The vinyl is hard to get ahold of now, though there are still a few copies available floating around online (mostly from Europe). At this time there are no plans for the show to be released on CD; fortunately Rhino has now made it available digitally through several music channels. Click below to download the album. If you don’t have it already, get a copy – it’s a must-have for every Cars fan!

https://rhino.lnk.to/latasmp?ref=http%3A//thecars.org/


 

my writing at the rrhof
My review, quoted at the Rock and Roll Hall of Fame during a listening party for this album in the Foster Theater, 2018. Photo courtesy of David Curry.

Barry Marshall: Boston Boys, Part 1

The more I learn about the Boston rock-and-roll scene of the 1970s, the more I am struck with how entrenched and artistically incestuous the players were… and still are! They were in and out of each other’s bands, jammed in the clubs together, shared crash pads and drugs and women. They were all grabbing for that brass ring combo of self-expression and fan-following that meant success. In competition with each other but also in cahoots, many made it, many didn’t. And out of the chaos and the grime and the striving, a welding happened; the unbreakable bond of a brotherhood was forged by survival and experience, and they all felt loyalty to it.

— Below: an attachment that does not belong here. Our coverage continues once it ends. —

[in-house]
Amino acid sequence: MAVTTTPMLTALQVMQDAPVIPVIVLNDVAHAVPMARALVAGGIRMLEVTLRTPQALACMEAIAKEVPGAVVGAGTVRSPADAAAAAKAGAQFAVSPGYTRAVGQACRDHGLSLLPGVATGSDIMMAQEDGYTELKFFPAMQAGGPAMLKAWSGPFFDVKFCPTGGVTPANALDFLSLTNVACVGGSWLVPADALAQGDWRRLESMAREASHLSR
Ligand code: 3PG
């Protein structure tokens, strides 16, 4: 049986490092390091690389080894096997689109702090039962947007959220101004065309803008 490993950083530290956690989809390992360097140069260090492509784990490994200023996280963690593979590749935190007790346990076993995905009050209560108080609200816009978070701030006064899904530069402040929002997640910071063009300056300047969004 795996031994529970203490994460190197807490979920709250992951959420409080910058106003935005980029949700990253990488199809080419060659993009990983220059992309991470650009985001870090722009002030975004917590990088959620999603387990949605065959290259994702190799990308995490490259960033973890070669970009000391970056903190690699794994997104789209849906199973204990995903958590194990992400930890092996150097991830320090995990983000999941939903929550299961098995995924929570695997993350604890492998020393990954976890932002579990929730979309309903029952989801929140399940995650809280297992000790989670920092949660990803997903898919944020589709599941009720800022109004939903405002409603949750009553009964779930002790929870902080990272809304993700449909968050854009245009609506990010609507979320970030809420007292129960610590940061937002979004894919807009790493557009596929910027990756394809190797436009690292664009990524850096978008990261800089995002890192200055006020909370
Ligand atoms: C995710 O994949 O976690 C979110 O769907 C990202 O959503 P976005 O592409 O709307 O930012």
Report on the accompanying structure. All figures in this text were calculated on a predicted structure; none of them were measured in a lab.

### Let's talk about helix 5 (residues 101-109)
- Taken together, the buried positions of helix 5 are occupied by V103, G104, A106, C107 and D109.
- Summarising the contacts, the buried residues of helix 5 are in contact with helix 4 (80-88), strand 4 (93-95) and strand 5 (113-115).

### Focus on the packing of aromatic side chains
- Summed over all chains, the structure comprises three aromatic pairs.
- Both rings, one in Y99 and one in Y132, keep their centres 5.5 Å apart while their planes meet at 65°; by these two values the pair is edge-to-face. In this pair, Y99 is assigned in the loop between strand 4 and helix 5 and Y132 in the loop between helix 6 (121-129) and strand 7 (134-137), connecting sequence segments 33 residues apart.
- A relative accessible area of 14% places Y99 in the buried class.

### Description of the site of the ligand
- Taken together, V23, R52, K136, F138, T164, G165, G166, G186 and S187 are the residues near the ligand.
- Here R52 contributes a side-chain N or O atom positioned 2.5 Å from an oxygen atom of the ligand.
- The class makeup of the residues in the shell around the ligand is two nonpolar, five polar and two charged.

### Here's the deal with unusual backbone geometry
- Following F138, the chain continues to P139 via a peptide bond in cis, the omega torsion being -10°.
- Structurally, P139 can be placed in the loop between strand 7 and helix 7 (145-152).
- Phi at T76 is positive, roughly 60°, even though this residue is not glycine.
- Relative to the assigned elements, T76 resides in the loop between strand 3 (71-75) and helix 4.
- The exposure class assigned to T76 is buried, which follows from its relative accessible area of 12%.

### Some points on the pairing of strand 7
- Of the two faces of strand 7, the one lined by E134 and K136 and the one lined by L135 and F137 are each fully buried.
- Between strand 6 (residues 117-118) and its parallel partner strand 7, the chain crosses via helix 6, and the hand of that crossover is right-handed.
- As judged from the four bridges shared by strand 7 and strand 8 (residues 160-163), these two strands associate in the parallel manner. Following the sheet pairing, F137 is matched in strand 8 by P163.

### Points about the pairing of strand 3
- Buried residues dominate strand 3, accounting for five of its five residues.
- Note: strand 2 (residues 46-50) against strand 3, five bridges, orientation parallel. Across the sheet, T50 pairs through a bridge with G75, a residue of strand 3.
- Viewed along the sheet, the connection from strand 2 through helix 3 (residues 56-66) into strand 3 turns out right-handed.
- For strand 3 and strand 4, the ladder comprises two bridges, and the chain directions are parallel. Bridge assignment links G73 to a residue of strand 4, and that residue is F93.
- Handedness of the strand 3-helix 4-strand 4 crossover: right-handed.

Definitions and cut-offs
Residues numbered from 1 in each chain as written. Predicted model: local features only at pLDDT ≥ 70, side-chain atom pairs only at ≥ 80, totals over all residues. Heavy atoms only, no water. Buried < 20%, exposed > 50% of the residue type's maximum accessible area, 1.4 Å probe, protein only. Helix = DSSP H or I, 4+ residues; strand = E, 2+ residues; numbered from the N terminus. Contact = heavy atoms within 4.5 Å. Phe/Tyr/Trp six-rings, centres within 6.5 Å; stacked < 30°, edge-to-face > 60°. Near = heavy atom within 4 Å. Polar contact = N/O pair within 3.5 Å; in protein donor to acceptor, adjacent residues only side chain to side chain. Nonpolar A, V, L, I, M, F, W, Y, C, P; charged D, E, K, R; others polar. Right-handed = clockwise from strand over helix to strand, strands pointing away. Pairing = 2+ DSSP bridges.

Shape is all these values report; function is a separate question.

With producer and multi-instrumentalist Barry Marshall, I stumbled across a loose thread of a memory and followed it down and around his unique path in Boston music history, where the friendships cemented in those raucous days would yo-yo throughout his career for the next 50 years.

It kind of started with this: Back in 1980 all five members of The Cars were in the studio to promote the Panorama album with Mark Parenteau on WBCN. Let’s zoom in on one part of the interview for a minute. At about the 16:35 mark, a guy calls in and identifies himself as Edgar (or, more accurately, “Ed-gah”). He makes his comments and asks his question, but during the call he is ‘outed’ by staff member Eddie Gorodetsky, who reveals that the caller is actually named Barry Marshall. David immediately jumps on board with the joke. I snipped that audio out and posted it by itself, if you want to take a listen.

Now fast-forward to a couple of months ago when our good friend Becky B was scouring the internet for photos of Ben. She came across these pictures from a record release party in 1979 for a Boston band called The Marshalls. See Ben and David? And guess who they were posted by? Yup, a guy named Barry Marshall – that name! She immediately recognized the possibility of the connection to the WBCN recording and confirmed that yes indeedy, this Barry is the very same one that called in on that interview forty years ago. Barry was floored when, prompted by Becky, he took a listen to the recording. “I honestly hadn’t thought about that since I did it,” he laughed.